In the previous parts, we've gone through five WordPress managers that allow you to manage multiple WordPress websites from one place. In this last part, we're going to review two more, along with a word on the REST API and its potential effects on these managers.
I'm going to cut the intro short: Let's get to it!
iThemes has always struck me as a very successful company with WordPress-based products and services, yet this product, Sync, looks a bit meek in contrast to other iThemes products.
It's probably the features: It does offer the basic features like updates or content/user/plugin/theme management, but it focuses on integrating other iThemes plugins, making it a less attractive option for people who don't use iThemes products and services.
So, if you're a user actively utilizing iThemes plugins and themes, it would be a good fit for you. Otherwise, you may want to explore other options for WordPress website management.
After purchasing your copy of Sync in ithemes.com, a helpful email is sent to guide you through the installation process.
First, you have to log in to your Sync panel on sync.ithemes.com. After you log in, you can add your first website by typing in the website URL and your administrator account credentials. (It says that the username and password are only needed when installing and activating Sync and are not stored in their databases, but you can create a temporary admin user and delete it after installing Sync. Just in case.)
After Sync installs its plugin, you're all set. Even though Sync focuses on iThemes products, I have to say I was impressed with how easy it was to install Sync.
As I said, if you have an iThemes subscription, Sync would probably be your best choice among these WordPress managers.
Do you need a WordPress manager, but don't want to deal with all those excessive features and complicated management panels? Then WP Remote is your guy.
The only features that I can see in WP Remote are the ability to update core, plugins and themes, and backup options (files and database). You can't update automatically, and you can't have your backups sent to Dropbox or whatnot. (One more thing I noticed: The file backups are excruciatingly slow.)
Seriously, if this one had options for scheduling backups to any cloud storage services, I would use this one in my workflow. Any chance you open-source this tool completely, @WPRemote?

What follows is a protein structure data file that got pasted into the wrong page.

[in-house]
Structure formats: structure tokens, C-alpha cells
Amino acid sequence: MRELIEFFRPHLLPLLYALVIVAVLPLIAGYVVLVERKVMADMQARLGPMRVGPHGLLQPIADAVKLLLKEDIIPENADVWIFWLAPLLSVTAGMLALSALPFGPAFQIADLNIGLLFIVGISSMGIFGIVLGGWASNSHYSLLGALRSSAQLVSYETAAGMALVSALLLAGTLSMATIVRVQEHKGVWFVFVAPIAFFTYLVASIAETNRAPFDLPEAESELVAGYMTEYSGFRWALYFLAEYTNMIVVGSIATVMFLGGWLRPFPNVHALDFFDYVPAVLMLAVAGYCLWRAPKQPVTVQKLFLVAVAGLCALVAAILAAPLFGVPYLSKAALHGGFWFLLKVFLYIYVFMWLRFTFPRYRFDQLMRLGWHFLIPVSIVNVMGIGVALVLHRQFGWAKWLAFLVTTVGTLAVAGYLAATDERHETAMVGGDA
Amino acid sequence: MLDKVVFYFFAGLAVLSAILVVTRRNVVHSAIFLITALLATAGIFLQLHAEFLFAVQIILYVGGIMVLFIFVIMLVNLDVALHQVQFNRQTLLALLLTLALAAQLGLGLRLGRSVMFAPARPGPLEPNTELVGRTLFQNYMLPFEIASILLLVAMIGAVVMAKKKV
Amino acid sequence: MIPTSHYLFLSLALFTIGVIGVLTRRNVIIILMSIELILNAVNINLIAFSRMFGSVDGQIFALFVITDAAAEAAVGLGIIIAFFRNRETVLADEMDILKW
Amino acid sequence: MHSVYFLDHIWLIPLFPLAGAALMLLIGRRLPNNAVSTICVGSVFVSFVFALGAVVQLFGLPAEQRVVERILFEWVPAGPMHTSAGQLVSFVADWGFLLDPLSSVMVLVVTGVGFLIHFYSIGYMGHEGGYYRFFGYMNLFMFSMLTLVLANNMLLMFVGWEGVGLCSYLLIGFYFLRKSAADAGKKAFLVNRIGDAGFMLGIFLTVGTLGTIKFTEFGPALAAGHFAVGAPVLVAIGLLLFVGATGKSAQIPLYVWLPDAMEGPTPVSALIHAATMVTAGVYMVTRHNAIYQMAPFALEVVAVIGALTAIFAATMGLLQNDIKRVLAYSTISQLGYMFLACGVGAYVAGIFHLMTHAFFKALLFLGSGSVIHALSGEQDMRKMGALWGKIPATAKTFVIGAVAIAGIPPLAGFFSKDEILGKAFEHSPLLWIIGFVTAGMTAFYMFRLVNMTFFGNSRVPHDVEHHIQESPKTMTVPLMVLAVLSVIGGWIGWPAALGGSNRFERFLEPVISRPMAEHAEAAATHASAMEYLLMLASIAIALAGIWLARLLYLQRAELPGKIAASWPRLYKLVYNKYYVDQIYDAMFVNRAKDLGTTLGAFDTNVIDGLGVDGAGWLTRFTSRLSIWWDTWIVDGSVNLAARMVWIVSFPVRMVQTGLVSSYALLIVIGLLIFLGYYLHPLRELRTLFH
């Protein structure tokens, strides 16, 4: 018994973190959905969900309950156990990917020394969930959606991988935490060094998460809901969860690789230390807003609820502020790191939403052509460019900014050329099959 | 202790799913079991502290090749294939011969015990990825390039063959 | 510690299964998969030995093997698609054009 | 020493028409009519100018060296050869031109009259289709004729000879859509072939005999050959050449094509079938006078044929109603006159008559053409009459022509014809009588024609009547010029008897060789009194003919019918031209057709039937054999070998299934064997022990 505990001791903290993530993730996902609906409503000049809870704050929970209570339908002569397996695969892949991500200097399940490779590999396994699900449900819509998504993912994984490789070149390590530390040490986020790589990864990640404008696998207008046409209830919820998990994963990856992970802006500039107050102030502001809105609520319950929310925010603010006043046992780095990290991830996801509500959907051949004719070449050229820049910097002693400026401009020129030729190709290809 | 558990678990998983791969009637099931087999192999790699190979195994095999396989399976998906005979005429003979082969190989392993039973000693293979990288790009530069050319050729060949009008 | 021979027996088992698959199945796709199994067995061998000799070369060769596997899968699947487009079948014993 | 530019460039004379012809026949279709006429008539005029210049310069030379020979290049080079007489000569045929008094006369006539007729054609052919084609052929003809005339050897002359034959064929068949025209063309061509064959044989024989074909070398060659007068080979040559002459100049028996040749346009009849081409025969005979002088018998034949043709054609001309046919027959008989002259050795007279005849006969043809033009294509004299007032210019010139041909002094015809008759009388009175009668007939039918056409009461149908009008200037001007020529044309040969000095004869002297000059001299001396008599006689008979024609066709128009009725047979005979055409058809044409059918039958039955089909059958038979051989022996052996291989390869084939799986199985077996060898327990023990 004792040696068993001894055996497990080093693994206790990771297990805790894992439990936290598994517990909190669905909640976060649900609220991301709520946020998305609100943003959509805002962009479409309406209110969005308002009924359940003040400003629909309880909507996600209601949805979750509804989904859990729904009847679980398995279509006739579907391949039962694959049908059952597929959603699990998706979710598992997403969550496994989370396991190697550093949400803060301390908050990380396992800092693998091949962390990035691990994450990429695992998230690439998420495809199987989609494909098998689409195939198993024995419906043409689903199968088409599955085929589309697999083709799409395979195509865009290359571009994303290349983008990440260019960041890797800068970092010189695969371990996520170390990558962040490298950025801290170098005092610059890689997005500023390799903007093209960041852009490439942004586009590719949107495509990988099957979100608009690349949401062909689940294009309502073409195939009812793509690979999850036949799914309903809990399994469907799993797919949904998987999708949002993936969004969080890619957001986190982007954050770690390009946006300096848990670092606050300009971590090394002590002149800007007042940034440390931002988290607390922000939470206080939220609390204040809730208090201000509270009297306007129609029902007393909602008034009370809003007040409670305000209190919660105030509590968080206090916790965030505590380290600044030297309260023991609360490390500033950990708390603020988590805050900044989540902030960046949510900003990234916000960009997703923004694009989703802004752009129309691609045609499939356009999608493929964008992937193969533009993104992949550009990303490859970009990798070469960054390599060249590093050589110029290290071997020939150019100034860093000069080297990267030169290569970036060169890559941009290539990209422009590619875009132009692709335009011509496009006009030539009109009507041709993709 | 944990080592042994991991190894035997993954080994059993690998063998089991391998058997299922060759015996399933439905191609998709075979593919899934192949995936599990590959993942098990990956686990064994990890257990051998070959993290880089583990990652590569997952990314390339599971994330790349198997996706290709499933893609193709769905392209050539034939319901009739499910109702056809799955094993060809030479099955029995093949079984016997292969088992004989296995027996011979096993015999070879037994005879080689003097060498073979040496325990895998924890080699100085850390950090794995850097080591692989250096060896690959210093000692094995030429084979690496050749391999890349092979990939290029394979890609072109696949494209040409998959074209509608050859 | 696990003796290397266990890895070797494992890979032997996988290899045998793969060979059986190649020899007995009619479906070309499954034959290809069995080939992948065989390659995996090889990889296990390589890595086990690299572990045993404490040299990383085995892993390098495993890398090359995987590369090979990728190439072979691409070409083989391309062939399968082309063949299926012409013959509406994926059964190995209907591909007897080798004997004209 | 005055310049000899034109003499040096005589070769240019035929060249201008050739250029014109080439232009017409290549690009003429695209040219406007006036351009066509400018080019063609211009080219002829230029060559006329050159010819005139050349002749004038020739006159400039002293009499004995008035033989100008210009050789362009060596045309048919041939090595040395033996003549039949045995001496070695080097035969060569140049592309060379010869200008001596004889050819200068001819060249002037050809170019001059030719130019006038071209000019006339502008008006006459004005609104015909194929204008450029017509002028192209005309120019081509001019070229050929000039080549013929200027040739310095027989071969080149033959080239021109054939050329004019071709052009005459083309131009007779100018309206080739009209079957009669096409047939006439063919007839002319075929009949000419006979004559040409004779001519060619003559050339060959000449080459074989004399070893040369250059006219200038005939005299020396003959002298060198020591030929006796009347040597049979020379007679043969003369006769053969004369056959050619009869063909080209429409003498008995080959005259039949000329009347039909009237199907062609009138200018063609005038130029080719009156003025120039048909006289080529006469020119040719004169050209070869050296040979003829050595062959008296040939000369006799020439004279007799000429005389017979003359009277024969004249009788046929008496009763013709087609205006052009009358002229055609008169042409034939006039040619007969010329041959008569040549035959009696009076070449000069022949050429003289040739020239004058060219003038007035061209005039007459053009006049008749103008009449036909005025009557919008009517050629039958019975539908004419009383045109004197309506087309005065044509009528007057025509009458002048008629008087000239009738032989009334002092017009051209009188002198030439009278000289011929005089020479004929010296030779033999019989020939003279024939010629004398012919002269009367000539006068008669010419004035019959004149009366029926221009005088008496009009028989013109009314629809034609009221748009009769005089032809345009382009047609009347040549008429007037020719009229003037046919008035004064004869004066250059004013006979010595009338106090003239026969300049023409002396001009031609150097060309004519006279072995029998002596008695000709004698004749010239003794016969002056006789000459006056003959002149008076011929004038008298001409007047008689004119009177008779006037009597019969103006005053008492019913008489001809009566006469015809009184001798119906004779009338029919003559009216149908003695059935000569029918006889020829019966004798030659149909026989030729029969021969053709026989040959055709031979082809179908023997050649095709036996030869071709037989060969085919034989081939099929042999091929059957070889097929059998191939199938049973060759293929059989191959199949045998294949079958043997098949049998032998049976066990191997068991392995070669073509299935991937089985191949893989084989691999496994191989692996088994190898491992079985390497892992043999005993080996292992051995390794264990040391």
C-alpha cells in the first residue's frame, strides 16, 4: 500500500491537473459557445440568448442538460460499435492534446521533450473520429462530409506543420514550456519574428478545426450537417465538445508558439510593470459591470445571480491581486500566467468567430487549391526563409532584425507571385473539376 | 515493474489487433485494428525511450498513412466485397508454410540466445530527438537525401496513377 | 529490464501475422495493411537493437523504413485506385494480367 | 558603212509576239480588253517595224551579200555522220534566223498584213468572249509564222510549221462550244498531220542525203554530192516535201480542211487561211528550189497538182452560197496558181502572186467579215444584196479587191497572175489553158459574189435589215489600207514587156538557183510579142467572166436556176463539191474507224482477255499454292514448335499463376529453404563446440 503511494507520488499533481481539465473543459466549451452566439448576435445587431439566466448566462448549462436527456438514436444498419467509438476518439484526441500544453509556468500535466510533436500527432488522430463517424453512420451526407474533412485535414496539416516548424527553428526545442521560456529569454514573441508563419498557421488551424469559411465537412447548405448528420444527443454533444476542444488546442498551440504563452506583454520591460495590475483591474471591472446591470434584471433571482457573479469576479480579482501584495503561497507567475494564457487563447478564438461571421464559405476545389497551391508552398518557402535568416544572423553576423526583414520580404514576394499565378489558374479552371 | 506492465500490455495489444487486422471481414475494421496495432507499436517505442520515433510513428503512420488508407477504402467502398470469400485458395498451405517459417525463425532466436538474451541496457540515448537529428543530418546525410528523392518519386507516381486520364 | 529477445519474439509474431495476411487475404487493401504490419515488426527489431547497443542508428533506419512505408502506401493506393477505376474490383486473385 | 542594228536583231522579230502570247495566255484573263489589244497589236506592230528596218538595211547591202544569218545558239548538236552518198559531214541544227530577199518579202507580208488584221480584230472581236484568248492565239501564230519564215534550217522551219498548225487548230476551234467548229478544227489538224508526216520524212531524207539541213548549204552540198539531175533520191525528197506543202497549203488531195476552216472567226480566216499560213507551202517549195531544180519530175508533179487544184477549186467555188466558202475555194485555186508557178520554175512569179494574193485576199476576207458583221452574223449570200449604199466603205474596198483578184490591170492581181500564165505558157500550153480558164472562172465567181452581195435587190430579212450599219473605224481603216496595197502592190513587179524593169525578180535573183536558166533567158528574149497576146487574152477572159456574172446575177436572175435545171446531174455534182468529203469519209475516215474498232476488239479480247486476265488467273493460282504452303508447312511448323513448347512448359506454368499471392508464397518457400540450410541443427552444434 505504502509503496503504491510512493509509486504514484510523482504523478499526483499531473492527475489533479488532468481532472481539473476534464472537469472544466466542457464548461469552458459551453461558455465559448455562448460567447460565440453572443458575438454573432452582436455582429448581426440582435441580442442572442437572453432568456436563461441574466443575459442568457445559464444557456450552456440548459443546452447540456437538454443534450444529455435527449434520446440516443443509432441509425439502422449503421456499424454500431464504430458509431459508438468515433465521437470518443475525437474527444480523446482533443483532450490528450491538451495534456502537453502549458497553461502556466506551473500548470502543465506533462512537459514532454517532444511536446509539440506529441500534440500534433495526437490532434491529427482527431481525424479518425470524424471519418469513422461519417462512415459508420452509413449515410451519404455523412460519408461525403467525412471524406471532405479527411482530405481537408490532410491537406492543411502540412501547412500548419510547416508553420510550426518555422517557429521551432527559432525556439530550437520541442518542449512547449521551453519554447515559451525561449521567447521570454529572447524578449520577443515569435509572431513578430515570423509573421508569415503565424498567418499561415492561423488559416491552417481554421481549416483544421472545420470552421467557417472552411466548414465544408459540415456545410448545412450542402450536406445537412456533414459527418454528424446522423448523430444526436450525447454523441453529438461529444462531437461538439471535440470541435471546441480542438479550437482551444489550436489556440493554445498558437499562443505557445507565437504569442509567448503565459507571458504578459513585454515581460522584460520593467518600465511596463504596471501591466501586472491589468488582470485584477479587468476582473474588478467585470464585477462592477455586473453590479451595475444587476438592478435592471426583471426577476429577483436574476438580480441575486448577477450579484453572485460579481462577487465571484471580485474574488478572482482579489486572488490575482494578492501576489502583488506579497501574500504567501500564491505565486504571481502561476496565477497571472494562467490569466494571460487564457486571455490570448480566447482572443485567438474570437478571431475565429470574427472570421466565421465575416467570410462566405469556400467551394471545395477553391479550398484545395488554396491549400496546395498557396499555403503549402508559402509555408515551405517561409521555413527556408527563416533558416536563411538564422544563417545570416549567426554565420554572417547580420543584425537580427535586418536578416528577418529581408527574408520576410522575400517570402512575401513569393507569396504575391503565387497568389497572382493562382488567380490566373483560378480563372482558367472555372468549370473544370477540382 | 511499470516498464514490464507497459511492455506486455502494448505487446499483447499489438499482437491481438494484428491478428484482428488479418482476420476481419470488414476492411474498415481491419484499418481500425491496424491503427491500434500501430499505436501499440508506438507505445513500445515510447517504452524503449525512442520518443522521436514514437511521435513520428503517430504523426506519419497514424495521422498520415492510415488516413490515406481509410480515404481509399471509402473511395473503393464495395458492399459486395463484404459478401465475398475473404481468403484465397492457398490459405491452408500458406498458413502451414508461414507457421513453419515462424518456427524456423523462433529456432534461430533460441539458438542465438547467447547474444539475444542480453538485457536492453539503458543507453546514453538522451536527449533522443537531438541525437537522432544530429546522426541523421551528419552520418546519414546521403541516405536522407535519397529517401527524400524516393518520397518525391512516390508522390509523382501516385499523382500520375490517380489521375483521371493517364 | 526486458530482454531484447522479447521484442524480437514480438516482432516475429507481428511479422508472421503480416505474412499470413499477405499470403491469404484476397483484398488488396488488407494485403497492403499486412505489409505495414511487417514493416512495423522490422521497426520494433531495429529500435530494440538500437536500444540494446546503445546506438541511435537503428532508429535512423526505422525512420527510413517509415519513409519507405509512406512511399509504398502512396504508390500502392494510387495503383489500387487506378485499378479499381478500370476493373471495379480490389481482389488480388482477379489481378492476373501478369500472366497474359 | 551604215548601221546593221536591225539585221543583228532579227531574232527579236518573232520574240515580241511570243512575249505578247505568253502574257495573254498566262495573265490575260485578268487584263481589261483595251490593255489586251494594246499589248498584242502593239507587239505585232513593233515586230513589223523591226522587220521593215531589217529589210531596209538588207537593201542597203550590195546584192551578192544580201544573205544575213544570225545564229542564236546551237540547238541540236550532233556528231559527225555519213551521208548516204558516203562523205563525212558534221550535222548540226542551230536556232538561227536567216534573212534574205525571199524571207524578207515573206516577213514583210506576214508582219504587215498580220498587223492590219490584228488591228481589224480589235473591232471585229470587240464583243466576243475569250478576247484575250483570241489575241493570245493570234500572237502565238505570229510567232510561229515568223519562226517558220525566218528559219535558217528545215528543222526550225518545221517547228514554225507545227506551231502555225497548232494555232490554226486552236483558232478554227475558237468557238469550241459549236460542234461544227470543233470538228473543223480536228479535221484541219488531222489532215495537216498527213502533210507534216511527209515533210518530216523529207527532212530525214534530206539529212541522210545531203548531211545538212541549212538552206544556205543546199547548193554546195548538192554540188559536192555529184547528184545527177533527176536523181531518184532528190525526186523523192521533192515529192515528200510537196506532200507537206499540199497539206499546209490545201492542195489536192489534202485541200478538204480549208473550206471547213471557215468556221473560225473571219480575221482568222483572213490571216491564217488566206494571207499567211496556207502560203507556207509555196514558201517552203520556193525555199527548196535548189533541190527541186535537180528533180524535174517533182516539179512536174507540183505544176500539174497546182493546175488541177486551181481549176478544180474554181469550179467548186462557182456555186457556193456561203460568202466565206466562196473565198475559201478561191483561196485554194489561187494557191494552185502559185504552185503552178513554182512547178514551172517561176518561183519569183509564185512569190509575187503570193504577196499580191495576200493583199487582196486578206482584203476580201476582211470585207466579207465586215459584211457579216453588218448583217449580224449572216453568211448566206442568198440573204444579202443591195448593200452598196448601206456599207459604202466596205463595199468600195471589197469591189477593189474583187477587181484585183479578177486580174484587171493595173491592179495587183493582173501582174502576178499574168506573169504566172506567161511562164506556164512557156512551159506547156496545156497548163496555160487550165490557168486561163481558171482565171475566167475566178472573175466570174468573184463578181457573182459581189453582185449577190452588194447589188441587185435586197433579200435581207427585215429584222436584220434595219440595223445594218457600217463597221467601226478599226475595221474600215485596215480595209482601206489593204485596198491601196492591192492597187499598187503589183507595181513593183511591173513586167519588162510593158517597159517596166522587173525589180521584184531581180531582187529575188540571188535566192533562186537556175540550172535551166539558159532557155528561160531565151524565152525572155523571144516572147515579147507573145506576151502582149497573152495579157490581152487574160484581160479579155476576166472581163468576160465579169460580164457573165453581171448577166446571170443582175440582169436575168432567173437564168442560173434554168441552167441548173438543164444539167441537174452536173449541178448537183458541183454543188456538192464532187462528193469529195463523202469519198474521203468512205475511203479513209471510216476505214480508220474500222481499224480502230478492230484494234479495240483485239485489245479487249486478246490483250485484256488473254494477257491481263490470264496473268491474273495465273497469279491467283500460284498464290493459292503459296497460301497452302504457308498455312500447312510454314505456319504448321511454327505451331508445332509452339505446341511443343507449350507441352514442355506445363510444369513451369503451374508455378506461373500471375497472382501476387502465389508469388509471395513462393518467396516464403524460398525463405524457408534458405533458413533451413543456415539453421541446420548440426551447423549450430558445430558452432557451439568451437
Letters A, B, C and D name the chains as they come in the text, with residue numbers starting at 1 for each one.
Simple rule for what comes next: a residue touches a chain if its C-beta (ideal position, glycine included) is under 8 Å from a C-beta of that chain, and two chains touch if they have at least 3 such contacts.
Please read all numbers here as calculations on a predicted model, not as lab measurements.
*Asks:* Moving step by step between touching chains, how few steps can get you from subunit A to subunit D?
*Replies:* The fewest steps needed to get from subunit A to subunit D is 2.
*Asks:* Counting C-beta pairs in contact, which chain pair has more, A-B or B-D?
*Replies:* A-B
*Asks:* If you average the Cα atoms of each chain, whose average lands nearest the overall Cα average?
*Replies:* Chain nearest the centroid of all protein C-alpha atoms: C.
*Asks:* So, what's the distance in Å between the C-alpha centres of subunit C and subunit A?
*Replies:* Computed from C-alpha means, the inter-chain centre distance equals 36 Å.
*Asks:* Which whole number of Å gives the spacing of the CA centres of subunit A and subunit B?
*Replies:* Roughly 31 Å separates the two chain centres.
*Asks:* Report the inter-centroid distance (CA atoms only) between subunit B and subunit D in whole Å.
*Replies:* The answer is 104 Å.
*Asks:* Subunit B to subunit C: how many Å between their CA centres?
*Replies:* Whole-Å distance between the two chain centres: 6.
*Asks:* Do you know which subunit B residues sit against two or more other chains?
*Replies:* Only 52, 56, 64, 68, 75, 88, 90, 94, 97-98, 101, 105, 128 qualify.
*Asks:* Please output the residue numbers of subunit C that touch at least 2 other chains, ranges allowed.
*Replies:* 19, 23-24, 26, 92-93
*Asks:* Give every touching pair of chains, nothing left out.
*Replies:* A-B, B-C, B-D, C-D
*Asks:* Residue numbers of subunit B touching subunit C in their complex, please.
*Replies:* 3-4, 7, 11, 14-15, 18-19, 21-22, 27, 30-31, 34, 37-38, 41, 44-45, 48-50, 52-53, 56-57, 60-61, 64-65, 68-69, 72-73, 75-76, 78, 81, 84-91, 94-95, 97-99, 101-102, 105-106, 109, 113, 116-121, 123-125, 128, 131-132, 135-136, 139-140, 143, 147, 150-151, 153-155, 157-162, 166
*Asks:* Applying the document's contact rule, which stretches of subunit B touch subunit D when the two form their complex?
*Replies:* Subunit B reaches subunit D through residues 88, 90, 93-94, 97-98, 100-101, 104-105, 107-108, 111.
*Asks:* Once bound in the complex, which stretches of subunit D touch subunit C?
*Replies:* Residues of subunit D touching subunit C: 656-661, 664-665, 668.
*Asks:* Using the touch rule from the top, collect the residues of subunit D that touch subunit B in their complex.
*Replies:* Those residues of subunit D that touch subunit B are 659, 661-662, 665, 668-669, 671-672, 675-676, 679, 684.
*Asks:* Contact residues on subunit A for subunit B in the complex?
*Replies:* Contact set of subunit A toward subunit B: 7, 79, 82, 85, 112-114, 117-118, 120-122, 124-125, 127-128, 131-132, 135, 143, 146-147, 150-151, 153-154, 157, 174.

Installation is pretty straightforward, as expected from such a simple tool: After registering for an account and logging in, simply add a website from the following section:
After clicking the Add Website button and entering a name and the URL of your first WordPress website, you will be asked to install The WP Remote WordPress Plugin from WordPress.org and, upon installation and activation, enter the given API key:
After refreshing your website's status in the application, you're all set! You can see your plugin, theme and core updates, and create file and database backups in the panel.
Now, before we conclude this series about WordPress managers, I'd like to talk about the REST API.
As you know, the WordPress REST API is complete and integrated into the core with the 4.4 and 4.5 versions. If, I mean when it's embraced by the developer community of WordPress, it's going to revolutionize the whole industry. Just as WordPress started off as a blogging software and turned into a content management system, the REST API will help WordPress evolve into an application platform.
I'm not going to talk about how awesome the REST API is, at least not in this tutorial. Instead, I'm going to make a bold claim: WordPress managers will have to adopt and adapt to the REST API in order to survive.
If the managers I talked about in this series want to continue their existence, they will have to stay in the competition by being faster and more efficient. And while they could achieve speed with their own architectures, it will be a better idea if they adapt their systems to the REST API instead. By making use of the REST API, WordPress managers will not only achieve speed, but they will also provide a more secure environment and cut expenses by utilizing an existing API and abandoning their own ways of connecting to WordPress websites.
I guess we'll see what 2016 brings. In any case, we'll see improvements.
From the simplest to the most comprehensive, all of these WordPress managers are suited to taking care of multiple WordPress websites. Some of them have fewer features and are free, whereas some of them are kind of pricey but packed with features. The only thing to do for you is to write down your needs first, and compare these tools to find out which one will fit your workflow.
Have you used any of these tools before? Can you suggest another alternative to the ones that we've gone through? Share your thoughts, ideas and experiences in the Comments section below. And if you liked this series, don't forget to share the parts with your friends!
As you may expect, we have a lot of options from which to choose for extending your WordPress site, studying source code, and/or enhancing your site or your client's site from our WordPress library in CodeCanyon.